You are in a new place, you don’t know anybody, there’s no one to look out for you, it’s cold, and the food is strange. As an Indian student who lived in the UK for over three years, I know what I’m talking about. I also know well the range of problems that students abroad face – academic, financial, emotional, and social. But the good news is that it gets better with time.
In this post we will look at the major difficulties faced by students abroad in their first year and how to deal with them to the best of your ability.
Finances are a pain
Most people who choose to study overseas are from Asian countries, paying thousands in fees in currencies that are much stronger than their own.
That alone puts the spanner in the works considerably. One is always counting their pennies in the currency of their country of origin and as a result feels guilty over making unnecessary purchases. Which, by the way, are inevitable. One does hang out with one’s classmates, right? One does pop over to the local chippy’s and sample some yummy fish and chips, right?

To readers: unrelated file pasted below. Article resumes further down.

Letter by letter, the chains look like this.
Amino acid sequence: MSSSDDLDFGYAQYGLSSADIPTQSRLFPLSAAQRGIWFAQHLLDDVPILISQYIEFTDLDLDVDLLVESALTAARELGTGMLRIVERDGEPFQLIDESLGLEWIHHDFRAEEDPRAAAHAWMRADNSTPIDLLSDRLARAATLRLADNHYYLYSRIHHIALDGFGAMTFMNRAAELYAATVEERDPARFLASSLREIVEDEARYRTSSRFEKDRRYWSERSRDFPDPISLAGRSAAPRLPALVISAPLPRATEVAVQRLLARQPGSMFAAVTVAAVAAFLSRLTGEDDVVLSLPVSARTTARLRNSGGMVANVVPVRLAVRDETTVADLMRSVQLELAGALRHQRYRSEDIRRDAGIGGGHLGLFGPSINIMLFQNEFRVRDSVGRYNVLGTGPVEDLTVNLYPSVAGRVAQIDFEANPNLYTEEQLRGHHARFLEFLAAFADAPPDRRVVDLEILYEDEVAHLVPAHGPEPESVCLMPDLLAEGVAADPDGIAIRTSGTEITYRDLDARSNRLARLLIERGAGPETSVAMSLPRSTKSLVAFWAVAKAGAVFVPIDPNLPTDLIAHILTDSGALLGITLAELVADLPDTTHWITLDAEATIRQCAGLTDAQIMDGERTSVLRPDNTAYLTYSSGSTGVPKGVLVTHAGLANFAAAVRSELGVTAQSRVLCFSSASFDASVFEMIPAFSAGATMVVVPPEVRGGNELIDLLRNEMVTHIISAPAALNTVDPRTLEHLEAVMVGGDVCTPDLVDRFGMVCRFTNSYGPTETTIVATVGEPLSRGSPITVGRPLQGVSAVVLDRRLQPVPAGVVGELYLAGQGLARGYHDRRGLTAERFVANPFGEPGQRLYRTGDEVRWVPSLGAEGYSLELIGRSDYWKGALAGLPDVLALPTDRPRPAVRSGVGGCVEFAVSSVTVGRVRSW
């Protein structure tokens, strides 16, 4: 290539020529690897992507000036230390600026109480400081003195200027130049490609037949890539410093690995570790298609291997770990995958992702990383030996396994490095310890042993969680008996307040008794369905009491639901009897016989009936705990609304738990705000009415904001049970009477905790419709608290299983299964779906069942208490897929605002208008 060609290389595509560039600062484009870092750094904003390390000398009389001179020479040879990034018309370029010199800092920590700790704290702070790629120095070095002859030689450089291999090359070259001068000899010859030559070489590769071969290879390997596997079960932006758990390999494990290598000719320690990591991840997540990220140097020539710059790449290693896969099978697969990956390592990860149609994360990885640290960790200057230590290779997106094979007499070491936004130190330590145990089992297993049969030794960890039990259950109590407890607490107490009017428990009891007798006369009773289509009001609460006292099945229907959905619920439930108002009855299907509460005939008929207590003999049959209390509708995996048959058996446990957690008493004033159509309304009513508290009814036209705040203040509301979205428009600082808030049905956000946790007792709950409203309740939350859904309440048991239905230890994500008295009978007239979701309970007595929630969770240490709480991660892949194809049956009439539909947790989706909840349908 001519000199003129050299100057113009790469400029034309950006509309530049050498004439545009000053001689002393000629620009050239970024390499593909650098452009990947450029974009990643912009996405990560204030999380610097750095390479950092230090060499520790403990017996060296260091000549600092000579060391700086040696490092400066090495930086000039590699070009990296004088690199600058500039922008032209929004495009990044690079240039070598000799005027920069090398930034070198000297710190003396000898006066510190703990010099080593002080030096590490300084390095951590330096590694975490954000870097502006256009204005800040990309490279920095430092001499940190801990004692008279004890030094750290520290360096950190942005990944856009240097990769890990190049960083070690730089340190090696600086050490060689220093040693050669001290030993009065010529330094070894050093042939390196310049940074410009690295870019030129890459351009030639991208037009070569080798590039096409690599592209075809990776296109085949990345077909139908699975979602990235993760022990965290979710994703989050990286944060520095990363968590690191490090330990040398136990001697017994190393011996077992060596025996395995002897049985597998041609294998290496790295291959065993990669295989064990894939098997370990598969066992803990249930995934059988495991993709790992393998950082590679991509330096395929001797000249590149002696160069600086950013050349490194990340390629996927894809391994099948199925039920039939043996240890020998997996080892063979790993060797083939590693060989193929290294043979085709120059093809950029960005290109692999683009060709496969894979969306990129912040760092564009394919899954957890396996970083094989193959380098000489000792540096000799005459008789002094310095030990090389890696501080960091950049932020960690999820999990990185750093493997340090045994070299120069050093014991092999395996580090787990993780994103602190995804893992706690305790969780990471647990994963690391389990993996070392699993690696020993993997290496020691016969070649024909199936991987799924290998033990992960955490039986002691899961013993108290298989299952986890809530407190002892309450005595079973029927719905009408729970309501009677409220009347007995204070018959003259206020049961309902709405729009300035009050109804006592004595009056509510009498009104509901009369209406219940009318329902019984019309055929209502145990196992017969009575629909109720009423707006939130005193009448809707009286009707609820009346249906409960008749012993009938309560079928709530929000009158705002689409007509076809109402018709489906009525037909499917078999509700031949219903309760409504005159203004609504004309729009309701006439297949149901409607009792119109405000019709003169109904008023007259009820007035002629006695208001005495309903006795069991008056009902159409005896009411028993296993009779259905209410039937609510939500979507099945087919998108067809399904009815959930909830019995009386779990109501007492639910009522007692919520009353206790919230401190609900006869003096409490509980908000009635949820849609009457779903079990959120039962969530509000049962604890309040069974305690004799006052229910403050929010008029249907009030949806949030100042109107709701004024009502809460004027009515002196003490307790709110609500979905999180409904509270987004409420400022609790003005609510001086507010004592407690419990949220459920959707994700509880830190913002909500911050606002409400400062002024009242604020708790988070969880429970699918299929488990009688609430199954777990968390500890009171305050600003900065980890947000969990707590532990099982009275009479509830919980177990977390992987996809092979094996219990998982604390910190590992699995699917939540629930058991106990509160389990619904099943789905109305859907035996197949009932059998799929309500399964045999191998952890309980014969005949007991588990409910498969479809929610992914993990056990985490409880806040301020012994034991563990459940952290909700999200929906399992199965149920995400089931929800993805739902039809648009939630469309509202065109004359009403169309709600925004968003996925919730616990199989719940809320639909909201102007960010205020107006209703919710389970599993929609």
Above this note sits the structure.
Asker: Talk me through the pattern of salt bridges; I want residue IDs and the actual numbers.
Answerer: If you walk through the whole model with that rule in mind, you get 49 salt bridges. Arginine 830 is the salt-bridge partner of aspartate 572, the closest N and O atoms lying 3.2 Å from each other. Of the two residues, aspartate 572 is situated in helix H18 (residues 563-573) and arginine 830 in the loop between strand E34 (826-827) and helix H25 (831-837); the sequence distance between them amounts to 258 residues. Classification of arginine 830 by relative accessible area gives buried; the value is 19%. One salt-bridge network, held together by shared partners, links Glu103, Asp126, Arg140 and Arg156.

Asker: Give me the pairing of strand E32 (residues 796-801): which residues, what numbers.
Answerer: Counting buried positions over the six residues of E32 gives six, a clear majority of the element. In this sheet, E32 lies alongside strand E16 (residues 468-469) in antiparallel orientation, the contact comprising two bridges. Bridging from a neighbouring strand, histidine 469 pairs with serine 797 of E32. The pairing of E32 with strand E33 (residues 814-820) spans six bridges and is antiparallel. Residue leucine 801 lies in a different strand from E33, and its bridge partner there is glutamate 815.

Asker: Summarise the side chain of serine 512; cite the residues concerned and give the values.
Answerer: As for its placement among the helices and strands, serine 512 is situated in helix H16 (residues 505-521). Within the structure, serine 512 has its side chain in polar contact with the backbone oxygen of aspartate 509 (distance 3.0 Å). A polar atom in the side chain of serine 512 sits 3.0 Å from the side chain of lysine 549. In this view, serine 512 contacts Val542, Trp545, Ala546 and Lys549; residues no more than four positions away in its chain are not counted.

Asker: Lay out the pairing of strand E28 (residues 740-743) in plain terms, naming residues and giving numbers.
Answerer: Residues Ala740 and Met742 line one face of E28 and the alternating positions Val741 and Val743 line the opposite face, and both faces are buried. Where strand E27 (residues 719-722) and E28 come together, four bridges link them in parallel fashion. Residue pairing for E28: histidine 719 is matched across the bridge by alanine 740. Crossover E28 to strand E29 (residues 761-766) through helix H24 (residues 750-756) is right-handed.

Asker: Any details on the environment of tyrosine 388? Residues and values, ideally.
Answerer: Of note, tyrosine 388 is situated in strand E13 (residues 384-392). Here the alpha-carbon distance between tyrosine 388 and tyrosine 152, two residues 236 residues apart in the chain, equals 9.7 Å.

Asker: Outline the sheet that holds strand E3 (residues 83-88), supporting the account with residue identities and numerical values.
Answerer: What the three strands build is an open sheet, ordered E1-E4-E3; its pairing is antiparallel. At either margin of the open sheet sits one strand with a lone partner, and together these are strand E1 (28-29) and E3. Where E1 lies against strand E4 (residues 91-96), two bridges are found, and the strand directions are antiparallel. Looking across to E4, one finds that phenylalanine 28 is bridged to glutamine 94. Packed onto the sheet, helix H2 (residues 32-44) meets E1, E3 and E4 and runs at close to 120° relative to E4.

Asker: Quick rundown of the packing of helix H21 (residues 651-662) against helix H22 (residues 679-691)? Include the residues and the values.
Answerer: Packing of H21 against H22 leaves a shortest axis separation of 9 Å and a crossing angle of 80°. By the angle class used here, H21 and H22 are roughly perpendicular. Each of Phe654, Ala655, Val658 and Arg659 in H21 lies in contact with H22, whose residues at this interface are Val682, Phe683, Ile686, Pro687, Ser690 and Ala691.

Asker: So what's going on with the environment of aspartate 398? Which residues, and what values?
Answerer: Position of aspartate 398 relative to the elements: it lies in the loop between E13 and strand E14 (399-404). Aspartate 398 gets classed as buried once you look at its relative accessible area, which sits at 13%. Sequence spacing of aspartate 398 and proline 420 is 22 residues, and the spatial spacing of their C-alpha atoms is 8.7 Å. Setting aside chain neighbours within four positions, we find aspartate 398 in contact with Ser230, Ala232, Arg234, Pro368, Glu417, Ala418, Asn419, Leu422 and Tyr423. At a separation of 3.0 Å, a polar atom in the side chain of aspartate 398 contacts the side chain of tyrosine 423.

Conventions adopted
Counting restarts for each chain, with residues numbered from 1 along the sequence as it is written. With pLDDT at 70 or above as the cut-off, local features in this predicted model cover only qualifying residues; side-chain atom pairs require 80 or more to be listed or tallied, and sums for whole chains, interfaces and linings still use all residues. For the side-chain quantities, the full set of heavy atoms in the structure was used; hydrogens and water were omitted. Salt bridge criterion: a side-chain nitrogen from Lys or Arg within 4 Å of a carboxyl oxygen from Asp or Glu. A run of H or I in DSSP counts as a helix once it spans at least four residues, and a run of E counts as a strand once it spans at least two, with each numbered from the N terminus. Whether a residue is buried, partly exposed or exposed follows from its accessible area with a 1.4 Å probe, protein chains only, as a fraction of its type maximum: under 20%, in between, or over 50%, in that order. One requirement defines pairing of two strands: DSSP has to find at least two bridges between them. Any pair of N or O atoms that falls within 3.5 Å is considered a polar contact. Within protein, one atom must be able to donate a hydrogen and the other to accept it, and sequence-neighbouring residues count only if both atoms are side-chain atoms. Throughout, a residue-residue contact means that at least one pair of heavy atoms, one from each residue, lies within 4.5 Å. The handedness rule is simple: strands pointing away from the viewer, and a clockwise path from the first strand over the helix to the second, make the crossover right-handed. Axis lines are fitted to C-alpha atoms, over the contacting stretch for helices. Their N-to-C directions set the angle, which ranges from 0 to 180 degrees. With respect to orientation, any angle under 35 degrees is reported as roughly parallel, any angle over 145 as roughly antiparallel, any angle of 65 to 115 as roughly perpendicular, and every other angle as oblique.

You are in a new country, surrounded by new cultures and cuisines, it would be criminal not to partake any of that!
And yet, it costs money.
To make the most of the money they have, the student resorts to cheap living. In fact, she takes it to an all new level. She only buys the cheapest milk, the cheapest bread, the cheapest eggs, and so on and so forth. One starts holding rice and noodles in special regard because they are so cheap, easy to cook, and very easy to find. They tick all the boxes!
The result of all of this is that you do end up looking like someone who has been ignoring their health. The cheap living encompasses all areas of life. That includes buying the cheapest shampoo, the cheapest makeup, the cheapest clothes, the cheapest shoes, and you end up looking like, well, no points for guessing really.
And that in turn may end up hurting your self-esteem.
How to deal with it:
Take up a part-time job so that you can take some pressure off yourself.